By Matt Kindt, Trevor Hairsine, Ryan Winn, David Baron

Da! Divinity III: Stalinverse #1 is the latest event in the miniseries-based saga that is changing everything you know about the Valiant universe. It’s also the best book of the three miniseries thus far.

Divinity and Divinity II told the stories of Russian cosmonauts who headed off to the farthest regions of space during the 1960’s Space Race. They encounter an unknown entity that empowers them with the ability to change the fabric of being. Divinity I and II each focused on a different cosmonaut and the effect on their return to earth fifty years after their original mission. One cosmonaut was genuinely peaceful and wished to live unharassed, moving through time to visit memories from his past. The other was a staunch supporter of the state and, appalled at what had befallen the Soviet Union, chose to alter the history of the world. This led to a head-on battle between the cosmonauts. Divinity III picks up the story, and almost everything we know about the world has changed.

Valiant Entertainment has made it clear that this is not an alternate reality or different version of earth. Thanks to the powers of the Divinity II cosmonaut, Myshka, the Stalinverse is the Valiant universe. But where do we go from here?

Writer Matt Kindt has crafted a tale that gets better each time out. Kindt sets the stage with a timeline of major events in world politics. You don’t have to be a history buff to appreciate the jaw-dropping shock of the Stalinverse timeline. Unlike some revisionist histories, Stalinverse doesn’t come into being by changing the outcome of a world war – a common trope. Kindt breaks new ground, presenting a chilling march across the globe from the 1920’s onward. He laces his science-fiction history with familiar names, making the history relatable yet far different from what we know.  The timeline is an effective setup for the story start.

And what a start it is. It’s a heady thought – what becomes of the heroes and villains of the Valiant universe if history and allegiances are changed? The enthralling narrative explores the state of affairs throughout the world but shown through the experiences of key players in the Valiant universe. Some of the content is disturbing yet still in line with what one would expect in a world such as this. Fans should be thrilled with the appearances, but keep in mind, the entire history of the 20th Century is changed. Not all of Valiant’s preeminent personalities may exist under these circumstances.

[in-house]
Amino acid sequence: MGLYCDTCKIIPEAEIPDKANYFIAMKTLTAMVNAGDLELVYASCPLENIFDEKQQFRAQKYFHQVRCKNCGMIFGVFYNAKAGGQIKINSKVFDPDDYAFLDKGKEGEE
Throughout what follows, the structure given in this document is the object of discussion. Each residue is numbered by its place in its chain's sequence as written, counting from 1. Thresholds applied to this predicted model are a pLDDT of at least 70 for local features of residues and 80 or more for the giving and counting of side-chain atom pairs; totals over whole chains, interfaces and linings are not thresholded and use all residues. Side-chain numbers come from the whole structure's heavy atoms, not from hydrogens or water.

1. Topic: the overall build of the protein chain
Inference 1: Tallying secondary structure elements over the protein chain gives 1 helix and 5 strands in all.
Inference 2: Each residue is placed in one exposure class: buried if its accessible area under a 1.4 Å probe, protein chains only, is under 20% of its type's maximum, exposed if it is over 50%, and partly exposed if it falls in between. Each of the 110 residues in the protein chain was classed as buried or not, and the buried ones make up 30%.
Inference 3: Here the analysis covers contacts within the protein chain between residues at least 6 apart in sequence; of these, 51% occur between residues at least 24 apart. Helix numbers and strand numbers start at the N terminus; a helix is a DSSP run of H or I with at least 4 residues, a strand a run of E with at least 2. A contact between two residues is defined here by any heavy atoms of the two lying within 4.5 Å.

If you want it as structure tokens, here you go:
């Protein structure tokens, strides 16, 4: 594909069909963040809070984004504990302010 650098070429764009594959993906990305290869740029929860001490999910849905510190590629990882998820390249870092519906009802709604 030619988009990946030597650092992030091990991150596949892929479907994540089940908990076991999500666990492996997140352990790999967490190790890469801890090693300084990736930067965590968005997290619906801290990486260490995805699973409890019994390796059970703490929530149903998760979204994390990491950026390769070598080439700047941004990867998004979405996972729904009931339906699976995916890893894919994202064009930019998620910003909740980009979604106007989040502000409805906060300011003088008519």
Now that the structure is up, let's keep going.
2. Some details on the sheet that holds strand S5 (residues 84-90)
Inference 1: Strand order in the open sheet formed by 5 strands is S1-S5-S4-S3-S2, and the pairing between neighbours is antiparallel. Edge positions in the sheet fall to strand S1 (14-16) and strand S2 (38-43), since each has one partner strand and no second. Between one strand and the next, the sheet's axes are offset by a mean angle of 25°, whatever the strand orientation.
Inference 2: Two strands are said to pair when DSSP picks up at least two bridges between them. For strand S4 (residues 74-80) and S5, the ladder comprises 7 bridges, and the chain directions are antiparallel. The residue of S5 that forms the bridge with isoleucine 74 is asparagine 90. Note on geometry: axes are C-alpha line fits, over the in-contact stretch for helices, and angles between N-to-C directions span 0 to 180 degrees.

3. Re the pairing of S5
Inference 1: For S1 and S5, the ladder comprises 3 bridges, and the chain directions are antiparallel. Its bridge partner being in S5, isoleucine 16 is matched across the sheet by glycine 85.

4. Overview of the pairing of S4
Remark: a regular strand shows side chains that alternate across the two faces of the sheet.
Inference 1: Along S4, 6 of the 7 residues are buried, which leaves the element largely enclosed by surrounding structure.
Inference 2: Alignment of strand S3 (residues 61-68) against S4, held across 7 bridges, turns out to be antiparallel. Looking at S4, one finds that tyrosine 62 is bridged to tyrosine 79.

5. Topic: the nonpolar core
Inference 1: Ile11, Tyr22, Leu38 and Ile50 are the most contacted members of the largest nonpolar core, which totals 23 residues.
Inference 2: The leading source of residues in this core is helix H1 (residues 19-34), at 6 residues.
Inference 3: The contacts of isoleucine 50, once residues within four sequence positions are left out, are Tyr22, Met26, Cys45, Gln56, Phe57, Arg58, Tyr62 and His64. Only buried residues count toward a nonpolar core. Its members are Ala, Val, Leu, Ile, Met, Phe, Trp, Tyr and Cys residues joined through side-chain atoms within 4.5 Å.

Book one of Stalinverse is largely setup for the rest of the saga, focusing less on the Divinity cosmonauts than one might expect. However, the story is compelling and paves the way for the character one-shot tie-ins. With the possibility of such great material, these one-shots are almost necessary and should be welcomed by fans. Several new characters are established, such as the Red Brigade, but beyond Divinity II’s Myshka, little of them is known yet. Kindt closes this chapter by leaving the story wide open – to possibilities and interpretation.

The art of the book is stunning. From the opening panels with its glorious colors by David Baron, who effectively adds to the drama throughout the book with his color technique, to the kinetic lines of artist Trevor Hairsine and inker Ryan Winn, this book vibrates with energy.

Hairsine’s character lines evoke movement especially compared against the backdrop of solid lined backgrounds. The effect is organic, giving the characters life, making them more than mannequins or snapshots. Inker Winn showcases his talent to enhance line work without obscuring the artist’s style. Pencils as kinetic as Hairsine’s might be a challenge to ink faithfully, but Winn does a superb job.

Baron’s colors are glorious, particularly in the opening salvo of the story. The palette reflects the story, with institutions feeling cold, home fronts plain, and power dynamic. There are themes of crimson and purple running throughout as well.

The devil is in the details, and the team doesn’t skimp on any. Take a look at a particular character’s (no spoilers!) sketchbook. While not the focus of the scene, it adds to both the character and the story’s history. It’s evident that much thought has been put into the presentation of the story.

Divinity III: Stalinverse #1 is an outstanding story and an absolute must-read. Imaginative, thrilling, and good-looking, the only downside to this book is having to wait for the next installment.

About The Author Former Contributor

Former Contributor

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